Towson University breaking promise to neighbors

The Baltimore Sun

The residents of Rodgers Forge have a simple message for Towson University: A promise made should be a promise kept.

Towson University plans to build a 5,000-plus-seat arena on its southernmost boundary - which abuts my house. In 2003, the university drew up its master plan for the development on its campus and received input from the Rodgers Forge Community Association. The university agreed to build the arena on a site to the north, and not on the site that abuts the residences in Rodgers Forge.

Now TU plans to build on a site that would bring more noise, pollution and traffic to our neighborhood, to the detriment of our quality of life. Our property values would be sacrificed.

It is clear that the administrators of TU have reneged on their words. And that's not the only problem with this plan.

With many state employees on furlough and various cuts in state programs, is it really wise for Towson University to be spending $45 million on this type of project now? The university is not only foolhardy in spending money unwisely, it is also setting a bad example by demonstrating that it does not need to be a good neighbor.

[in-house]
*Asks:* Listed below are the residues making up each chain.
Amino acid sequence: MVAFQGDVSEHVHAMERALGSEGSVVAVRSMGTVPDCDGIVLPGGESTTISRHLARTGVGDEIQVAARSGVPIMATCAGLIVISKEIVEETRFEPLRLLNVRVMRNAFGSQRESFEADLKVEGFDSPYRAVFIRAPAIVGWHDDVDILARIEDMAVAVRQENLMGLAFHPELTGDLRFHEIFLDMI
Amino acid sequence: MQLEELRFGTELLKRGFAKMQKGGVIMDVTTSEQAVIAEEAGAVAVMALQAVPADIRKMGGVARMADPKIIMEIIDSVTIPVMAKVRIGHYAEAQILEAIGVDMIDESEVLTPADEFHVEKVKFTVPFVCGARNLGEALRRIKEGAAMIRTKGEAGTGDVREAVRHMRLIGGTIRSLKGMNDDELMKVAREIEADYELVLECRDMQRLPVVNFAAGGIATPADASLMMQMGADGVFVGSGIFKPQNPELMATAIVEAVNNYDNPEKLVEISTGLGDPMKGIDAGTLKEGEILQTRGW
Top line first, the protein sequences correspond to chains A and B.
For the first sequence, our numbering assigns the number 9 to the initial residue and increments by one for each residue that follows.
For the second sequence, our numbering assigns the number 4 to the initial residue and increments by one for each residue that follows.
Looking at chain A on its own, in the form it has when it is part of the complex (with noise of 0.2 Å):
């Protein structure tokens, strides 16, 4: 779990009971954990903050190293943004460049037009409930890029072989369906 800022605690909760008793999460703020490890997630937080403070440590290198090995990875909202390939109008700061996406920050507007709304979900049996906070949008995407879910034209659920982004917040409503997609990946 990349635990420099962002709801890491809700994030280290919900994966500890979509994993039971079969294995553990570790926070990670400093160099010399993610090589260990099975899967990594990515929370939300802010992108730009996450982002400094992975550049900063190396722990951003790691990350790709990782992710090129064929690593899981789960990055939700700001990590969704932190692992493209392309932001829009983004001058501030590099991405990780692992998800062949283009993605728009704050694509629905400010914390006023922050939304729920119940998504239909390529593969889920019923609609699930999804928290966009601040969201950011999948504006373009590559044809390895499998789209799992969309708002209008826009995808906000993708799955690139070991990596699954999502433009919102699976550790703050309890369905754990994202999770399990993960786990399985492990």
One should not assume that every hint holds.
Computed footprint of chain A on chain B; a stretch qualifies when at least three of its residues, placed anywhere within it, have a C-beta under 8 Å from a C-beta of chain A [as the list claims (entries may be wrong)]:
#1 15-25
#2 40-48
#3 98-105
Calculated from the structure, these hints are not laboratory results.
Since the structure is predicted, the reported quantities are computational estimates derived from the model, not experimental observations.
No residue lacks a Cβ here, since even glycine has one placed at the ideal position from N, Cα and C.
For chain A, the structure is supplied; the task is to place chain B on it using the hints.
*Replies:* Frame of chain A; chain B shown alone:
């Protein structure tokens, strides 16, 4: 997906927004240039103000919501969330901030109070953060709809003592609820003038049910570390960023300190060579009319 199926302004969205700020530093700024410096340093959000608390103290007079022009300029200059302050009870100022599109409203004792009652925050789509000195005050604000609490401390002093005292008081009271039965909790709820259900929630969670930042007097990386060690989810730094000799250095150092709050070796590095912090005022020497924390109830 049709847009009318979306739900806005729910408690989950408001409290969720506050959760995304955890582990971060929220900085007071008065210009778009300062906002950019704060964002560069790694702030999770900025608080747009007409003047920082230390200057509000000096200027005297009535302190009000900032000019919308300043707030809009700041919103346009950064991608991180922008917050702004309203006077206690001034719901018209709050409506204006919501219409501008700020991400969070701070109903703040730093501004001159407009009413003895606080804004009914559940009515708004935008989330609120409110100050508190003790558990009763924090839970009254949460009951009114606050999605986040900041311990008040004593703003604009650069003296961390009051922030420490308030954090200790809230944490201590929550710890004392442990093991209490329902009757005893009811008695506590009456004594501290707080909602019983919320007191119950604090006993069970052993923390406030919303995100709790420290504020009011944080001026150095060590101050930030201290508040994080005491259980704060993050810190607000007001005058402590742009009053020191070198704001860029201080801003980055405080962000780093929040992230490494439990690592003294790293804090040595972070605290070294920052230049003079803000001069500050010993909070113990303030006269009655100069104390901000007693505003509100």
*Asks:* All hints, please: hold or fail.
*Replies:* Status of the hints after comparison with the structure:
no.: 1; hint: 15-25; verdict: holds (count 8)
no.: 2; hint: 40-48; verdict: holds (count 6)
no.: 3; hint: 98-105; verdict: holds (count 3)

The university plans to increase enrollment, yet there is inadequate housing for this projected growth. Wouldn't it be wiser for the university to use the money for much-needed student residences than for a sports arena? Increased enrollment without adequate housing only translates into more students living in our neighborhood - and, unfortunately, driving down our property values and our quality of life.

Why does the university have to grow at the expense of its neighbors? That's something we'll be asking at tonight's meeting between local residents and TU officials.

The prospect of having a giant arena literally behind my house is frightening, as is the prospect of rowdy students living in my neighborhood - as has happened in a number of Towson neighborhoods. The TU administration is out of control and needs to be reminded that it is a public institution, funded by taxpaying citizens of Maryland.

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